History of television started from the moment first static image was deconstructed into electrical signals, transported via wired or wireless electromagnetic signals to the television received, and there reconstructed into image with colors and sounds that correspond to the original footage. This moment in history happened 1862, when Abbe Giovanna Caselli invented Pantelograph, first television system that could record, transmit, receive and reproduce static image. From that point on, the minds of the countless inventors were intrigued, and they started their quick and energetic battle for supremacy in crowded television space. As years and decades went on various inventions advanced television technology, technologies changed, and finally worldwide accepted standards started being enforced. This enabled easier user experience, lower prices, and streamlined process of recording and broadcasting television signal across entire world.
One of the first famous television systems that was truly capable of reproducing stable image that was received and decoded trough electrical signals was “Electric Telescope” made by German technician Paul Nipkow in 1884. His invention kick-started the era of mechanical televisions, and his device called “Nipkow’s disk” was the crucial piece of this mechanical puzzle. This device used spinning dics with a series of holes arranged in spiral pattern. As the disc spun, light went through its holes and illuminated photoelectric cell (or other light-detecting device) which promptly converted that light information into electrical signal. After transmission was done via wires or wireless communication, similar device was used to reproduce recorded material. Display device used modulated light source which emitted the light that again went through the spiral-arranged holes on the spinning disc. This mechanical approach of television broadcast had in the beginning very similar result to the electronic cathode ray television sets, and they managed to advance in their picture and sound quality, but during 1930s electronic devices become clearly more capable and easier to use and maintain.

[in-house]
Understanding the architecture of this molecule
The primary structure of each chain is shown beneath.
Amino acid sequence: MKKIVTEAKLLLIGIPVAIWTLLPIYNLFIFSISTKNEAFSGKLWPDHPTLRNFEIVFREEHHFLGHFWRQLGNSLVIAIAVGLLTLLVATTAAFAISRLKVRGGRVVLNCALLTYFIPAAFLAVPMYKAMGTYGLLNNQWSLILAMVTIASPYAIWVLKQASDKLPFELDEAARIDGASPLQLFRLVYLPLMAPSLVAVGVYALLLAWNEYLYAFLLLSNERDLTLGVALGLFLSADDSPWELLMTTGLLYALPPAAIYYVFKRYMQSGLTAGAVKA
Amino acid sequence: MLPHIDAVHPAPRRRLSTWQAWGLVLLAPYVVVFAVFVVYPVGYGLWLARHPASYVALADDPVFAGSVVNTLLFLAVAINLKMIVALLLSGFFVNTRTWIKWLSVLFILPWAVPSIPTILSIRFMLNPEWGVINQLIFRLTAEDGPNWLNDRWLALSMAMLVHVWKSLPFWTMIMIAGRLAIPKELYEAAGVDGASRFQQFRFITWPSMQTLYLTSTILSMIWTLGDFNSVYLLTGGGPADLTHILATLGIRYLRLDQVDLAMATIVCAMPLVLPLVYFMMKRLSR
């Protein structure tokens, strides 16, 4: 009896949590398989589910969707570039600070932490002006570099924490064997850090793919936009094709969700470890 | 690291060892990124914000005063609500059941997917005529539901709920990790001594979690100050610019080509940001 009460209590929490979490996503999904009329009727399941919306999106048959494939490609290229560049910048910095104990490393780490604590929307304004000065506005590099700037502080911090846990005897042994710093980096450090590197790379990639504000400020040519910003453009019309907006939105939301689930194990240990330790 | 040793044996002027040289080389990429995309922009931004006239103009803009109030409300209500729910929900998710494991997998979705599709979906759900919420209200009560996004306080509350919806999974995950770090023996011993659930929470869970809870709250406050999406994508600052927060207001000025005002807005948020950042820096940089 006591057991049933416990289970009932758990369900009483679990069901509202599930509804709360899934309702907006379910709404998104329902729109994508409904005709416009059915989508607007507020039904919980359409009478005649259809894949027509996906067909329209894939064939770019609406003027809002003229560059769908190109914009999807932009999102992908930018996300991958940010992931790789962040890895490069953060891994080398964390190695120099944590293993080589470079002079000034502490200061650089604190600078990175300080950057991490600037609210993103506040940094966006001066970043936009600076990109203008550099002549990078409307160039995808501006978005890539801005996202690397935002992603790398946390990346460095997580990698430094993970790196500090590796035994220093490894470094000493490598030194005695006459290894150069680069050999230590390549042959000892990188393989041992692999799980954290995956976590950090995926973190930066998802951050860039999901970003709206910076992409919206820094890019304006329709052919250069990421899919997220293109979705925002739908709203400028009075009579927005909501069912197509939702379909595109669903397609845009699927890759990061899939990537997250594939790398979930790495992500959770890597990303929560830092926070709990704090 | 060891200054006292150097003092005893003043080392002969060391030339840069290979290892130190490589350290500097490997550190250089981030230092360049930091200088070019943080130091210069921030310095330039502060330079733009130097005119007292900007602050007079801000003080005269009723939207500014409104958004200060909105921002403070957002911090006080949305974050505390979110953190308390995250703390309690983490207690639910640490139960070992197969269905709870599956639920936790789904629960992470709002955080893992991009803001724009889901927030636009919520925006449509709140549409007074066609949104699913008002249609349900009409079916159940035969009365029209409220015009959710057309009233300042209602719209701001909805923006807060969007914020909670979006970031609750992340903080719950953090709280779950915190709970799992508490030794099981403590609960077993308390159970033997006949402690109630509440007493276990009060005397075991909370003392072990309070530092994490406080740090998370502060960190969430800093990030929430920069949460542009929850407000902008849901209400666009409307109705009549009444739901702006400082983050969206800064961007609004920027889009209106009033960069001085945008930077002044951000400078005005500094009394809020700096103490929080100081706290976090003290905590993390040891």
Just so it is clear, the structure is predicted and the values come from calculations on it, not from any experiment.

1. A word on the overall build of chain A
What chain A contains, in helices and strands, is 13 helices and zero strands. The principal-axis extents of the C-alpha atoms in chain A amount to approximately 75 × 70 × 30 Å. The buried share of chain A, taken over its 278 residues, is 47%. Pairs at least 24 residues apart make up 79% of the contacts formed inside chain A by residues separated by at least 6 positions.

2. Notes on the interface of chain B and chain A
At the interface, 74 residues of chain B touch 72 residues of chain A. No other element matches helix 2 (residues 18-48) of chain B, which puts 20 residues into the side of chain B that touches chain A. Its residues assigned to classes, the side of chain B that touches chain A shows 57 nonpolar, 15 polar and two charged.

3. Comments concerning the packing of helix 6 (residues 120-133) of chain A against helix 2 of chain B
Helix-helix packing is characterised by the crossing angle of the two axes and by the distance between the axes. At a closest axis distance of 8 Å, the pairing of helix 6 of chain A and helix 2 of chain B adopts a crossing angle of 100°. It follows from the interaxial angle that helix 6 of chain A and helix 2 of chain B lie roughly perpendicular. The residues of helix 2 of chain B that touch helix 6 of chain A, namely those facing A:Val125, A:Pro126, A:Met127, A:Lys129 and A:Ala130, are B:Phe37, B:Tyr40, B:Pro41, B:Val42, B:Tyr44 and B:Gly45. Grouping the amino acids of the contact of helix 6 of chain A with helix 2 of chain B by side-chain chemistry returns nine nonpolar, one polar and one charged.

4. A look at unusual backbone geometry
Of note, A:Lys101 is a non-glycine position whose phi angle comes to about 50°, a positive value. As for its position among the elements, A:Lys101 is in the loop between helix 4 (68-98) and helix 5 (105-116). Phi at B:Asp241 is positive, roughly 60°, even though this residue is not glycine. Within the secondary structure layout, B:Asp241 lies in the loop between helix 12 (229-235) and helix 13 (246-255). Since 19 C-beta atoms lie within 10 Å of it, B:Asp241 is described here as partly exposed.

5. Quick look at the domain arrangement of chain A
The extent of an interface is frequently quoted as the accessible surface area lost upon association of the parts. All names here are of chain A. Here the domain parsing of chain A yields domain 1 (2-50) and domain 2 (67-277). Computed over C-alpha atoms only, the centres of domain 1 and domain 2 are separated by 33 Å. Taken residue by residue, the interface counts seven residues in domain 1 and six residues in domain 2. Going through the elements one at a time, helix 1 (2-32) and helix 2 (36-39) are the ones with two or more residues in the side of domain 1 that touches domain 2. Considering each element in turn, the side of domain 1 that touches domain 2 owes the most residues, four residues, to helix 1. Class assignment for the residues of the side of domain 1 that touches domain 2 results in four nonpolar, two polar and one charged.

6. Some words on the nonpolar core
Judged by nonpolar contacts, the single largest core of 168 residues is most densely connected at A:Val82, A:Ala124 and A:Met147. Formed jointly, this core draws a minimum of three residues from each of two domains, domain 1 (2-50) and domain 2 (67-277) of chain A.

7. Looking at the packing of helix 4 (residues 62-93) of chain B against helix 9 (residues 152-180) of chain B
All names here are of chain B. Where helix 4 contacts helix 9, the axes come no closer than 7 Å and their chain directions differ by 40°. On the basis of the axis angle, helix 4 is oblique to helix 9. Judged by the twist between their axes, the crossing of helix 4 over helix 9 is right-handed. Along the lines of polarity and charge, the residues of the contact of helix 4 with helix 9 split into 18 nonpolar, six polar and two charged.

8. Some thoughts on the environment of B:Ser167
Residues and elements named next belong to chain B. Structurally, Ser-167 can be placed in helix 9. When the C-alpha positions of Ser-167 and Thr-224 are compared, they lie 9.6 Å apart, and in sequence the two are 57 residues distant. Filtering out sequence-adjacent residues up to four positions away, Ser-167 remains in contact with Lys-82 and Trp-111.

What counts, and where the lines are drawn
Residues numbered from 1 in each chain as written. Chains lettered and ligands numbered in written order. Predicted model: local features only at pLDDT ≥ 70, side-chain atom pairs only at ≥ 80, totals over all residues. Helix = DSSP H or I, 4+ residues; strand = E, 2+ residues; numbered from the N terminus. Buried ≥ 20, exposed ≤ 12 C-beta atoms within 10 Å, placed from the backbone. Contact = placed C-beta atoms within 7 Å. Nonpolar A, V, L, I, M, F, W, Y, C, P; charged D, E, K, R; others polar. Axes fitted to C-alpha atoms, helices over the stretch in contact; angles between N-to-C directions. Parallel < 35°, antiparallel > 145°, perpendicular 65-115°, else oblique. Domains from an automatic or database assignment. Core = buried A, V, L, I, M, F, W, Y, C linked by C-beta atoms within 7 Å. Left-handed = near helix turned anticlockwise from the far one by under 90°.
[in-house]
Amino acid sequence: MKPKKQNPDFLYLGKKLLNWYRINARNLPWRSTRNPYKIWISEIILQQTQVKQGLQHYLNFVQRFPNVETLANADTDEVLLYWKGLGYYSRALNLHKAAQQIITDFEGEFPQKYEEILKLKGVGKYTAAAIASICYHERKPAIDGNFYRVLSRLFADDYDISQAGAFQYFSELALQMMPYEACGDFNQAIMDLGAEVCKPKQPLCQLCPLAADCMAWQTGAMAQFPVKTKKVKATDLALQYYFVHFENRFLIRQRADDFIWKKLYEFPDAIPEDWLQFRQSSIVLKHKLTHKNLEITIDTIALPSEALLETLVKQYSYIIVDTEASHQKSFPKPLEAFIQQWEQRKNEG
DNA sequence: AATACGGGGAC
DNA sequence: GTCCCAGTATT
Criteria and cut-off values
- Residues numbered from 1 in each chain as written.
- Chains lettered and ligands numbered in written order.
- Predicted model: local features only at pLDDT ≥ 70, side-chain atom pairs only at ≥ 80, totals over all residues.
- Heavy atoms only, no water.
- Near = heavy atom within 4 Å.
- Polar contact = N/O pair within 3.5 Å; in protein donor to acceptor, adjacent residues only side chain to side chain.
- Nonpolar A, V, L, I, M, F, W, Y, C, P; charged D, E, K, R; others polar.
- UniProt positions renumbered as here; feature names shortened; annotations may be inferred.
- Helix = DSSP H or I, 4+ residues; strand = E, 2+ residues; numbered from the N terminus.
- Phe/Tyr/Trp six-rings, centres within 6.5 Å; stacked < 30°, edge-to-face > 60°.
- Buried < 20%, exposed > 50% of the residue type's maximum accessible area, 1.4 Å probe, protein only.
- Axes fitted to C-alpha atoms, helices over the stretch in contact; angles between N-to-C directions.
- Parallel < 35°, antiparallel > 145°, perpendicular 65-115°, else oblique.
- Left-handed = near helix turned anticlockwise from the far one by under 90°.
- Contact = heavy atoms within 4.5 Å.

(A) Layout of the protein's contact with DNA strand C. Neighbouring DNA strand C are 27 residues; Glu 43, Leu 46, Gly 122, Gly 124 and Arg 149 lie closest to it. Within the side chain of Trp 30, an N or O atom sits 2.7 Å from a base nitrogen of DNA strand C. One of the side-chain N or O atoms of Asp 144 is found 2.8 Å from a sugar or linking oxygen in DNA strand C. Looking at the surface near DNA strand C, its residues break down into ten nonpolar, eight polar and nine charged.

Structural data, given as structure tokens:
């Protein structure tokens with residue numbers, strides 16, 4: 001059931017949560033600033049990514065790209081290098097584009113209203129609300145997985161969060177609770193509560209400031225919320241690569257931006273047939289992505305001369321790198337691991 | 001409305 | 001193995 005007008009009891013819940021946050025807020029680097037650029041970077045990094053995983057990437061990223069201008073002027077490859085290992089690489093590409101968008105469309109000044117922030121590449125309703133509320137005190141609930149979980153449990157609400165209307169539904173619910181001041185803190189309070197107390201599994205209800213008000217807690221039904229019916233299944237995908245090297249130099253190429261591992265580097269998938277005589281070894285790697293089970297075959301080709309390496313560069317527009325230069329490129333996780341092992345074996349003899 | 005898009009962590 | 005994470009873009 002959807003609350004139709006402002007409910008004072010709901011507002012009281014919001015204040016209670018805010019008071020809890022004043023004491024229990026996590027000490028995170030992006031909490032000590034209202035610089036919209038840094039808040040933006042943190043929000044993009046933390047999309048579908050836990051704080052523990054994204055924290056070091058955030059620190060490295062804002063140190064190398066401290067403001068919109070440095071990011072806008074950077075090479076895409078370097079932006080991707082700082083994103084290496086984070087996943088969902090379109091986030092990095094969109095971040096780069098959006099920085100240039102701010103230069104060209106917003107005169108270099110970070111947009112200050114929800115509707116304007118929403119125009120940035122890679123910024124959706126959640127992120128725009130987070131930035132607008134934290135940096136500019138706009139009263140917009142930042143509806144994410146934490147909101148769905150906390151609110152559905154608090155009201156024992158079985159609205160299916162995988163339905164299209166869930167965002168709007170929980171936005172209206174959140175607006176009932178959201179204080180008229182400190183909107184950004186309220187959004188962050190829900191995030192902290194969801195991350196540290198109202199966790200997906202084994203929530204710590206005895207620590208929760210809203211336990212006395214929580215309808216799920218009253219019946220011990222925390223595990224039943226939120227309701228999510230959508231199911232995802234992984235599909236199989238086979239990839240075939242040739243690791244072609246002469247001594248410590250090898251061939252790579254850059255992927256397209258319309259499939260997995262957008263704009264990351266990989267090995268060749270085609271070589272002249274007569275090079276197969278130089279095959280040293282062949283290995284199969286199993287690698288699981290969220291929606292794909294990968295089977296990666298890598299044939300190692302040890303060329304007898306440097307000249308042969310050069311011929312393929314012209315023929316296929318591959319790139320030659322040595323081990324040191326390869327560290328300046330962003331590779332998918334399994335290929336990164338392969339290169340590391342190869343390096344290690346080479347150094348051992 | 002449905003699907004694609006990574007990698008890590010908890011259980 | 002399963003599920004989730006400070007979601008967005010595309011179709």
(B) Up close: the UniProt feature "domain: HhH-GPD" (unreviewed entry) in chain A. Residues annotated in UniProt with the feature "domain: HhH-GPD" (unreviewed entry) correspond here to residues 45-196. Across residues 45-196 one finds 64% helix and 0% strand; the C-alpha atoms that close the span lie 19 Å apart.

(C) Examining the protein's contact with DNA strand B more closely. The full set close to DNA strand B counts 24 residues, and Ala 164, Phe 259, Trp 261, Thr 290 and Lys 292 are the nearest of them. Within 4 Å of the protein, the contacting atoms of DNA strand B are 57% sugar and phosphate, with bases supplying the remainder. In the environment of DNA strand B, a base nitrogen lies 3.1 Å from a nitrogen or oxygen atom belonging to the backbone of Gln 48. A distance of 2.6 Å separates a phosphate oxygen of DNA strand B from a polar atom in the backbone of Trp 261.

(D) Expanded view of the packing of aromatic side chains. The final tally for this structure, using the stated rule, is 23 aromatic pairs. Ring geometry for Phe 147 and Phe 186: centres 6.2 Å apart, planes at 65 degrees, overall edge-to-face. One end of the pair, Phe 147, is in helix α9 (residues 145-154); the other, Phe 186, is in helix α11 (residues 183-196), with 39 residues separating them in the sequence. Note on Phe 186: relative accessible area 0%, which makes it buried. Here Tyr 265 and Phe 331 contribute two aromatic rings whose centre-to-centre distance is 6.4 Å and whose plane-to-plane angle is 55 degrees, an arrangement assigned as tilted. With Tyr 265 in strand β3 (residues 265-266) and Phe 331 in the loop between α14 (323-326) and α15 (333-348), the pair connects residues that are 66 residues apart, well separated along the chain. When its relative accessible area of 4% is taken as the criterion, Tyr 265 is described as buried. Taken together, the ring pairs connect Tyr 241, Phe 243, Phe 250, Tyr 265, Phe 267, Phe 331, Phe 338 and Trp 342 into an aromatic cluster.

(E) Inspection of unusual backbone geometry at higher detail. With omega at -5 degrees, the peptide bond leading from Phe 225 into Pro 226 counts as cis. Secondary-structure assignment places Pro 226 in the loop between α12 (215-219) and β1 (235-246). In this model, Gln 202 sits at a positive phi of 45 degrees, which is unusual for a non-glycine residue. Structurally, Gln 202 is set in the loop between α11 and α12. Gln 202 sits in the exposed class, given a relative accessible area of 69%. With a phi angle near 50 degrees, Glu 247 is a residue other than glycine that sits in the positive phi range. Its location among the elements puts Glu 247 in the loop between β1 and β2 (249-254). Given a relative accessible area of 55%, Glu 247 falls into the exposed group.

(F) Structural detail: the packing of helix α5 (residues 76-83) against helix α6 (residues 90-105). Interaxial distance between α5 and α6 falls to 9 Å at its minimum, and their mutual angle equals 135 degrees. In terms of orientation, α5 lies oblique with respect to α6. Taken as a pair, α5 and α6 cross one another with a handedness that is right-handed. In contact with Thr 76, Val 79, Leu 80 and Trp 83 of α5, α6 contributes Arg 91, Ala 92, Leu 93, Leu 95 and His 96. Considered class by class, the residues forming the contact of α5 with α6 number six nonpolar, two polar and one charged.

But before electrical television sets captured entire market, champion of mechanical television history was without a doubt John Logie Baird, Scottish inventor who introduced England and the rest of the world to the wonders of the television. He managed to beat other inventors by only few short months and showcase his full mechanical television system (recording, transmission and reproducing of broadcast) to the London public in 1928. This 30 minute long program that included songs and traditional Irish folk tales instantly became talk of the town, and clear indication that television has great potential for communication. Marketing, and off course profit.
Another influential pioneer of mechanical television sets was Charles Francis Jenkins, American entrepreneur and inventor who was responsible for setting up the United States television industry by not only producing new devices, but also for receiving first official license for television broadcasting in the world in 1928. His efforts in the field of television enabled the initial growth of US television viewership, rise of television advertisement, and many technical discoveries that enabled production of more advanced television sets and recording devices. By 1932 his mechanical television sets begun to loose popularity, and the pressure from Vladimir Zworykin’s and Philo Farnsworth’s fully electrical designs finally brought the end of his business.
Electrical television history cannot be said without mentioning American scientists and inventor Philo Farnsworth. His mark on the history was first fully electrical television system that soon became standardized and used by American and English broadcasters. Even though his claim to the original patent was eventually taken away from him, he influenced the growth of the television business like few man before or after him, enabling the entire world to become more connected and informed via various television technologies that came from him and after him.
After 1930s, television technology received little updates. Economic pressures of the World War II put an end to television expansion, and only after the war did U.S. and Great Britain managed to refresh their standards and offer to the population new technologies with better picture and sound. Color television was first introduced after the end of the Korean War in 1950s, but the mass adoptions in both United States and Europe came in the last years of the 1960s. Between then and end of 20th century, much has changed but much has remained the same. Television standards received update for picture and sound quality, home recording became commonplace with the help of VCR’s and satellite communication enabled thousand broadcasters to offer their programming to the entire world. 21st century however, brought large changes. With the enormous expansion of internet connectivity, digital transmissions, portable devices and high definition screens (LCD, Plasma, OLED, home projectors, digital cinema), the world of television was finally moved from our living rooms and put on the move. Even though it seems that television has adapted to all the changes that first 10 years if 21st century brought, there is not end in sight to the innovation that scientists and technicians are producing every day. However, no matter what changes are for us in the future, one thing is certain. Television will survive.